This series also includes Part 1 where Dr. Dwight Trueblood from OCRM/NERRS who provides an overview of this project and Part 2 featuring NCCOS’s A.K. Leight on the biophysical component of this research. The NOAA press release is available online here.
Thank you for speaking with our readers, Patrick.
Can you tell me briefly about your interest in this field?
I am an environmental studies specialist with a strong interest in interdisciplinary, applied work. That interest has resulted in me pursuing interdisciplinary training and conducting research that integrates the natural and social sciences. I am very interested in helping to build vital bridges between these two sciences and other disciplines. I believe we are much smarter and effective when we work across disciplines in a collaborative manner. In this project, I was fortunate to work with the talented biophysical scientists at NCCOS and my gifted social science colleagues at the University of Wisconsin. Beyond that, I also worked on designating the newest reserve, the Lake Superior NERR, for four years, and I have a strong interest in, and fondness for, the NERRS.
How did you come to partner with NCCOS on this project?
The NOAA Estuarine Reserves Division (ERD) really deserves the credit for developing this partnership. ERD reached out to me and the NCCOS researchers in the early stages of this project. One of the unique aspects of this study is the full integration of social and biophysical concepts and approaches from the start. I think ERD deserves a lot of praise for being leaders in that regard. They have provided a valuable model for others to follow.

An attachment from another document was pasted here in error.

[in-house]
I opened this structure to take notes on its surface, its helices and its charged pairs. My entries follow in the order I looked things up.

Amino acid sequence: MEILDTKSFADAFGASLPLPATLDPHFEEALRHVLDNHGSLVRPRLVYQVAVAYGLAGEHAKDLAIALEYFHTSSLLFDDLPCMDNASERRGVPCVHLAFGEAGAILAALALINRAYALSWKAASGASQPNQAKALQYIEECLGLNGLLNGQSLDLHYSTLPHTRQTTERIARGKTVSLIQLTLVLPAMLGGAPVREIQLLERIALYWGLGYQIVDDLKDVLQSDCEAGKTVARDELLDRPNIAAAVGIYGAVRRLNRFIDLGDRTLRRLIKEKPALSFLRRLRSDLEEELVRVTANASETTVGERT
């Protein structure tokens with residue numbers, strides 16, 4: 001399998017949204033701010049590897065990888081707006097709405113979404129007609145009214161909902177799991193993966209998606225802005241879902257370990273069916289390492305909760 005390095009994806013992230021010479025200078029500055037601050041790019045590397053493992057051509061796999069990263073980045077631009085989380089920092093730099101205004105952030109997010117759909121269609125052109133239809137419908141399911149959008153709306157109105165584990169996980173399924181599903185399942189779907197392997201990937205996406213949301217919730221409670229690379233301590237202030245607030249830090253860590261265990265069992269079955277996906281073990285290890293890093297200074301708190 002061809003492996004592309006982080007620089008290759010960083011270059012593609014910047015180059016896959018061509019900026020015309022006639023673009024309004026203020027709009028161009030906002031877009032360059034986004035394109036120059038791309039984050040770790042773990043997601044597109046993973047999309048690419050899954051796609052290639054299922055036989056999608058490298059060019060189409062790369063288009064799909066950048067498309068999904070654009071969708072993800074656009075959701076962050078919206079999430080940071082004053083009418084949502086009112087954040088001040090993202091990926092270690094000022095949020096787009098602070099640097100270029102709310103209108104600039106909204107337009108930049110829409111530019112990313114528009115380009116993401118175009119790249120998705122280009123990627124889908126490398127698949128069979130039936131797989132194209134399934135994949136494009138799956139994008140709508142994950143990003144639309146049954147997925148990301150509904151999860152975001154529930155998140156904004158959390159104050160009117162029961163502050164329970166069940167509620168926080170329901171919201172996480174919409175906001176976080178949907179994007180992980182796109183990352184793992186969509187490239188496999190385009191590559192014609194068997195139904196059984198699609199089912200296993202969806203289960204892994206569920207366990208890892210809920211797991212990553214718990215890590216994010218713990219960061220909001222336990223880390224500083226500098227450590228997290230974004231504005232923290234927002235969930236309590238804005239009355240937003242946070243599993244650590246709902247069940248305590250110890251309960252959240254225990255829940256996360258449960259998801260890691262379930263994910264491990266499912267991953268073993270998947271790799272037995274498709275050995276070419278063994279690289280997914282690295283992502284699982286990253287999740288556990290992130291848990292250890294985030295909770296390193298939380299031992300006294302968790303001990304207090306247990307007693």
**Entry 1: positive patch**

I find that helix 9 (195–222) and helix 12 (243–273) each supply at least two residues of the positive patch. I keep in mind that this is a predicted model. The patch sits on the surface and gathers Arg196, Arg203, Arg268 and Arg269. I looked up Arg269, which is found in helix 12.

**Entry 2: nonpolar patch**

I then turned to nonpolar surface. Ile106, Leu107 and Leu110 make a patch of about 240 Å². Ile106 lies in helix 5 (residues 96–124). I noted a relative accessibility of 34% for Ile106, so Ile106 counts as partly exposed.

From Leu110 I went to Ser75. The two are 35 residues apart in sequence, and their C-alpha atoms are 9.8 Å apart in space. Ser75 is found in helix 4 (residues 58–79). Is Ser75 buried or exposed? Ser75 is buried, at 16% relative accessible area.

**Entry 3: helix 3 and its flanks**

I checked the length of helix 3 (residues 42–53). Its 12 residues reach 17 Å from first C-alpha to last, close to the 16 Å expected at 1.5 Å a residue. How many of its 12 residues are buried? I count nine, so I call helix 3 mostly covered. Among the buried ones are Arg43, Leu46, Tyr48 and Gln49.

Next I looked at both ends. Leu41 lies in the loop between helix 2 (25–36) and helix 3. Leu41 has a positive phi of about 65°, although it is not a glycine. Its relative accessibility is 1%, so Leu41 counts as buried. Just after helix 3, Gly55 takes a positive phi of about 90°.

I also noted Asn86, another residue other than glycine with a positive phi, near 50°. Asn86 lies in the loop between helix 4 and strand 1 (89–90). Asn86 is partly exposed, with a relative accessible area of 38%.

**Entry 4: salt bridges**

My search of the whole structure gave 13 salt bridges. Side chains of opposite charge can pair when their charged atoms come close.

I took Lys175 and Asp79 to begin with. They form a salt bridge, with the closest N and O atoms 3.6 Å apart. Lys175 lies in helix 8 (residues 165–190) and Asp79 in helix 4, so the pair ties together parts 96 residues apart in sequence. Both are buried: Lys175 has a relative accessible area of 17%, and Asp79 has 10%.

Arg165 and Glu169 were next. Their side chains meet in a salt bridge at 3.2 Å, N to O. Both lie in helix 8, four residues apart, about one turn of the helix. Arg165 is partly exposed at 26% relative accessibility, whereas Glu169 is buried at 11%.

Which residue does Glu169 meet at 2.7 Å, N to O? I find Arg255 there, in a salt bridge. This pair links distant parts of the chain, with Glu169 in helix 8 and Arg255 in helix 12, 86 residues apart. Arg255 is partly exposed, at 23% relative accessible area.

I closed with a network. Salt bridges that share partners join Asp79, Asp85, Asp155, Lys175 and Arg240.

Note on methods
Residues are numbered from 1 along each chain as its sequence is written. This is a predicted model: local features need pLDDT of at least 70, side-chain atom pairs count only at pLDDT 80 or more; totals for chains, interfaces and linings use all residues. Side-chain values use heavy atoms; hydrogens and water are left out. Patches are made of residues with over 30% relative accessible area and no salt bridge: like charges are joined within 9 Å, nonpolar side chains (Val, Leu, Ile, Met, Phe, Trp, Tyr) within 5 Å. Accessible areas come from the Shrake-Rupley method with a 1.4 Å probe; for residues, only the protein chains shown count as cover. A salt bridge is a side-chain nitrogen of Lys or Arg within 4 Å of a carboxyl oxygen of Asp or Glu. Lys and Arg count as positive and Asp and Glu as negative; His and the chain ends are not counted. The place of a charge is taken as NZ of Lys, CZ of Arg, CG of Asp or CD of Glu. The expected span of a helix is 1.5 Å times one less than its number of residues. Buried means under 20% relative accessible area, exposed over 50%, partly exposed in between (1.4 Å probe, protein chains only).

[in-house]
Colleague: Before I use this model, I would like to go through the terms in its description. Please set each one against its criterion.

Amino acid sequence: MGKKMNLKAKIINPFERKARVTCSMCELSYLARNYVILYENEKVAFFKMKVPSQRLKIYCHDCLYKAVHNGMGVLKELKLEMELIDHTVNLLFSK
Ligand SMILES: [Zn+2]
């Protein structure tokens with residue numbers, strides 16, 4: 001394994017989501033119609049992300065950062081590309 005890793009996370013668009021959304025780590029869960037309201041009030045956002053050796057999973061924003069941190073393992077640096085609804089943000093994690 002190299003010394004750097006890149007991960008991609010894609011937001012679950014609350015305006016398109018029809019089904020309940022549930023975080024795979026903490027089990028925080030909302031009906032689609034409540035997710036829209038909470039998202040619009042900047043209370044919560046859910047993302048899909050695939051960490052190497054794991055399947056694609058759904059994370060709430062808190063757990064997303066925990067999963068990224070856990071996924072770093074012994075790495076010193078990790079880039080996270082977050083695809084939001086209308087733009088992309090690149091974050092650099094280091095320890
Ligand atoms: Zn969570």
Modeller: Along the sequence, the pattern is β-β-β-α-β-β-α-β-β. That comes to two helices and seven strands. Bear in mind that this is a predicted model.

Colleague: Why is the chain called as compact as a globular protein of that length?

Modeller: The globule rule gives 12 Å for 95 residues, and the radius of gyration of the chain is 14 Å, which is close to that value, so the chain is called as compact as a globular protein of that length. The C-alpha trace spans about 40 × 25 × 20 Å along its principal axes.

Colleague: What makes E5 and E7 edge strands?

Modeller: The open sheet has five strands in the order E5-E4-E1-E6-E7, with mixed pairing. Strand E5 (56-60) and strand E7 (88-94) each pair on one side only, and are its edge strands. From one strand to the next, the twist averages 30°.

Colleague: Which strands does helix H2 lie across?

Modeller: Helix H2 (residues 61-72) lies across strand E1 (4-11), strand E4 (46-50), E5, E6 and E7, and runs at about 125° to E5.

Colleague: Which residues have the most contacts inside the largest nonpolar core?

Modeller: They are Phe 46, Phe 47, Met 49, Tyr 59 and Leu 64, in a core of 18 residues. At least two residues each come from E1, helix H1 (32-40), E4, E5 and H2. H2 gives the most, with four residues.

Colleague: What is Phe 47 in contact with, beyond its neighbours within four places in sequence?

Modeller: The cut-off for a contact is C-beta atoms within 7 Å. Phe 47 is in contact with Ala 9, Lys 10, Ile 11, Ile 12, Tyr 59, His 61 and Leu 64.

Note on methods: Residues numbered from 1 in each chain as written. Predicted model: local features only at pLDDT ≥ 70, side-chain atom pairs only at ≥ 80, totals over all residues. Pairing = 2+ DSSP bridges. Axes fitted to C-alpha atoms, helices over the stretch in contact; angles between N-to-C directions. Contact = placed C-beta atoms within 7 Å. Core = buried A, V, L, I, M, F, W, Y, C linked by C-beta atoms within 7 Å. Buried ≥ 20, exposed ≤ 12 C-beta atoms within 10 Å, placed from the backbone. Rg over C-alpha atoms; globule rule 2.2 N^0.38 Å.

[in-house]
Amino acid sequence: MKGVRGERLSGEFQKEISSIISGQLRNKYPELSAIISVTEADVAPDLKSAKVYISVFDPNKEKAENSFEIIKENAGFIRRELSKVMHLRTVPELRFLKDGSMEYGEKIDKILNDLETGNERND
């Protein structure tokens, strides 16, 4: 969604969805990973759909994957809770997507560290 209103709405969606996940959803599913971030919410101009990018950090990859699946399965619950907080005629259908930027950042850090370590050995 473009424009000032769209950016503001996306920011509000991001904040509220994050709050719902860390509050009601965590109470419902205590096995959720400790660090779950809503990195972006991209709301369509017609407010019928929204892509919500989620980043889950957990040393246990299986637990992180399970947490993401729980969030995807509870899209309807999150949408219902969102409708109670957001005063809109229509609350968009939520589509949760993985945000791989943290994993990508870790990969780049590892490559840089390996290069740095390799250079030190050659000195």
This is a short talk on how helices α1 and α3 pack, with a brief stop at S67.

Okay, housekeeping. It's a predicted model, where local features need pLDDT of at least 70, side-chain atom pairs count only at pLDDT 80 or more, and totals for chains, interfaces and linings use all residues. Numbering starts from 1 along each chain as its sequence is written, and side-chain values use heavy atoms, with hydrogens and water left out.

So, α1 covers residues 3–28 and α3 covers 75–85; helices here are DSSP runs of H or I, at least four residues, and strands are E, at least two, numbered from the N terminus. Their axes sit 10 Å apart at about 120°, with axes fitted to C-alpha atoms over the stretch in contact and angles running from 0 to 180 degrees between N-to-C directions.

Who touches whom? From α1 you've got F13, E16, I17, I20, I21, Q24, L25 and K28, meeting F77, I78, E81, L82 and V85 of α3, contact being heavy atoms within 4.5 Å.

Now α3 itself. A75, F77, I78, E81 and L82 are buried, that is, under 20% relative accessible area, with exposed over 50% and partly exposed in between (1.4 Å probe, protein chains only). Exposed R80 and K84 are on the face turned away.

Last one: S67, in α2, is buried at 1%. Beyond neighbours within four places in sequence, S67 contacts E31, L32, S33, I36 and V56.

What needs were you hoping to fill by completing this project?
This project was really intended to meet multiple needs. Importantly, we wanted to provide an integrated social and biophysical analysis of the NERRS sensitivity to climate change. We hoped that this analysis would help guide future ERD and individual reserve decisions related to climate change investments across the system. Our work will, hopefully, dovetail with the growing NERRS Sentinel Site program, which is designed to help reserves further understand vulnerabilities to climate change. In addition, we anticipated that this work would provide a foundation from which individual reserves could embark upon developing more detailed climate vulnerability analyses and adaptation strategies at the local level; I am happy to share that some examples of that are already happening. Looking beyond NERRS, we were also intending to provide an interdisciplinary example of a large-scale assessment strategy for understanding national sensitivity to climate change in coastal systems.
What is socioeconomics and why was it the focus of your part of this project?